This Free & Virtual fireside chat will be moderated by Dr. Khalid Akil White, Professor of Ethnic Studies and African American Studies at San Jose City College and scholars from the Greene Scholars Program.
The Dr. Frank S. Greene Scholars Program helps youth of African ancestry in San Francisco Bay Area communities successfully complete higher education in science, technology, engineering and/or math (STEM), and serve as positive role models and contributors to their communities.
For more information about Greene Scholars, visit here: https://www.greenescholars.org/
Following up on our bold conversation with Dr. Francisco Jimenez from our last session, this session brings the unique stories of a diverse panel coming from different professions and generations. How did they break through? We hope you can hear the stories of their challenges and successes and what/who has influenced our panelists over the years.
We invite you to join our roundtable with the following guest speakers:
1. Frank Carbajal - Author & Founder
2. Carlos Singh - Lawyer & San Jose State University Professor
3. Teresa Marquez - East Side Union High School District Assistant Superintendent
4. Jose Gonzalez - Assistant Superintendent in the Santa Clara Unified School District
5. Lisanna Dominguez - Executive Vice President of Strategy & Advocacy of the Eastside Education Initiative
6. Valeria Cazares - Program Coordinator at SVEF
7. Valerie Valle - San Jose State University Student
Author and educator, Francisco Jiménez recounts his experience growing up in a migrant worker family and emphasizes the importance of education. He and his family emigrated from Tlaquepaque, Mexico to California, and as a child worked alongside his parents in the fields of California. Through personal images and stories, he'll also explain his process and why he writes.
Jiménez’s autobiographical books The Circuit: Stories from the Life of a Migrant Child (Cajas de cartón, Spanish edition), Breaking Through (Senderos fronterizos, Spanish edition), Reaching Out (Más allá de mí, Spanish edition), have won several national literary awards, including the John Steinbeck Award, which "is given to writers, artists, thinkers, and activists whose work captures Steinbeck’s empathy, commitment to democratic values, and belief in the dignity of people who by circumstance are pushed to the fringes.”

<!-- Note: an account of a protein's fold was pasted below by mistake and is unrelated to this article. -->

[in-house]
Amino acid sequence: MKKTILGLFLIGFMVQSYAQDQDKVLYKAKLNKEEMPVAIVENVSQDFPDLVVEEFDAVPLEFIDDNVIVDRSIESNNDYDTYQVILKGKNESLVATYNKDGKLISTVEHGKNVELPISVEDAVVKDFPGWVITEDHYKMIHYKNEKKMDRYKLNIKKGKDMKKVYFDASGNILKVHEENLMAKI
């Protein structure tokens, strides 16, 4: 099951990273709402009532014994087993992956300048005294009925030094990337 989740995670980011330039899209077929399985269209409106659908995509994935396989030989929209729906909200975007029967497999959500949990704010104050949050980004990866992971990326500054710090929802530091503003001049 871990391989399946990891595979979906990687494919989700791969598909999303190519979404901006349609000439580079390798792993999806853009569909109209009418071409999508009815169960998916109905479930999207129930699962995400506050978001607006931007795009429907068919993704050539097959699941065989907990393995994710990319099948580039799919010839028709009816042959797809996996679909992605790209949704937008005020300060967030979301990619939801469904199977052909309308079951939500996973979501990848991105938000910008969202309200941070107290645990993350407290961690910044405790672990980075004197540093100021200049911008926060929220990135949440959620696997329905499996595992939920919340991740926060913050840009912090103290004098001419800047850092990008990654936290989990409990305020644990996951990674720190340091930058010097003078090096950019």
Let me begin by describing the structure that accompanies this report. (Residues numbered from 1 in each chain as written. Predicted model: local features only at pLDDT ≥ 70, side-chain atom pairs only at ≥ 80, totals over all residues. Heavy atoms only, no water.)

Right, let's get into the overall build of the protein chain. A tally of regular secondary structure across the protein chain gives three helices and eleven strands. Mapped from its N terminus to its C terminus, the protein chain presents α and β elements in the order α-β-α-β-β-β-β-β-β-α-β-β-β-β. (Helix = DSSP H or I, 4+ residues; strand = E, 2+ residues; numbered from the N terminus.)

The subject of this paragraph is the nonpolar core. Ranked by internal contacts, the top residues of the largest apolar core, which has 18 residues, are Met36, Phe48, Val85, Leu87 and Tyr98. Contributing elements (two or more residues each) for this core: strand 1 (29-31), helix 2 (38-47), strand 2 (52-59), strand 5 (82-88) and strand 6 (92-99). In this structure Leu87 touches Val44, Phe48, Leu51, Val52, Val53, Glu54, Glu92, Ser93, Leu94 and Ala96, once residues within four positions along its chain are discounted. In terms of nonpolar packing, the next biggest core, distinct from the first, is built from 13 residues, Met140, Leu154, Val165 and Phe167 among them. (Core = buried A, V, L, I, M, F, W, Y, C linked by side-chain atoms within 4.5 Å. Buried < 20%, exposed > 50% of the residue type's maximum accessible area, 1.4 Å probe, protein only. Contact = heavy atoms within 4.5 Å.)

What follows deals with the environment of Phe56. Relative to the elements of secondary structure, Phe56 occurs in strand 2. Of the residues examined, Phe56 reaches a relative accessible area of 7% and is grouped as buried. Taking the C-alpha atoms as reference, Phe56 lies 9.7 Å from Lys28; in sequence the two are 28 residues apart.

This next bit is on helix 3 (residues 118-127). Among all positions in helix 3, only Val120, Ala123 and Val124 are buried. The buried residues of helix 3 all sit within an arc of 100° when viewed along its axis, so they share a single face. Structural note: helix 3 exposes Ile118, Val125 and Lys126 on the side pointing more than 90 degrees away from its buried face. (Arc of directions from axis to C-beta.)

Joining SVEF's last session of this school year is the acclaimed memoirist and book author. Danté Stewart. Throughout SVEF's #BoldConversations journey, we have used Glenn Singleton's six Courageous Conversation principles. In this session, Danté shared with us his personal journey on defining "What Do You Mean by 'Race'?" and lead the bold conversation of "Let's Talk about Whiteness".
Danté Stewart is a writer and speaker whose voice has been featured on CNN, The Washington Post, Christianity Today, Sojourners, The Witness: A Black Christian Collective, Comment Magazine, and more. He is the author of the debut memoir Shoutin’ in the Fire. As an up and coming voice, he writes and speaks into the areas of race, religion, and politics. He received his B.A. in Sociology from Clemson University. He is currently studying at the Candler School of Theology at Emory University in Atlanta, GA.
Glenn Singleton's Fourth Condition is all about keeping us all at the table to have a courageous conversation. This session consisted of an amazing panel of children's book authors who have devoted their lives to celebrating racial and cultural diversity. They have shared how they have written their unique stories through the lens of equity to teach young adults many valuable lessons about self-identity.
1. Joanna Ho, New York Times bestselling author of "Eyes that Kiss in the Corners" and many more
2. Kirsten Liepmann, author of "Little Book for Big Changes: Activities and tips to make the world a better place"
3. Wafa Shami, author of the latest release "When Za'atar Met Zeit"
4. Tam Le, Founder of Tiny Wrist Bilingual Vietnamese Books
Moderating our panel is Colleen Thomas, author of "Beautiful Skin: A Children's Book about Overcoming Racism".
The Third Condition will normalize the social construction of knowledge, thus engaging multiple racial points of view in order to surface critical perspective. This concept acknowledges the process through which racial meaning is inherited, interpreted, and passed on from one generation to the next. Each attendee creates meaning around our current racial reality based on how we have experienced and understood our near and distant pasts It enables educators to develop will, skill, and capacity for listening to and engaging with conflicting racial perspectives and experiences. Where and in what manner we have grown up creates the lens through which we see the world racially. When individuals bring their unique construction of racial knowledge to the conversation, then there will necessarily be multiple racial points of view to consider…thus surfacing different perspectives.
Moderating this session's bold and diverse panel is Ingrid Hadley, a Global Diversity and Inclusion Expert and Leadership Coach for over 20 years from ILH Possibilities, Inc.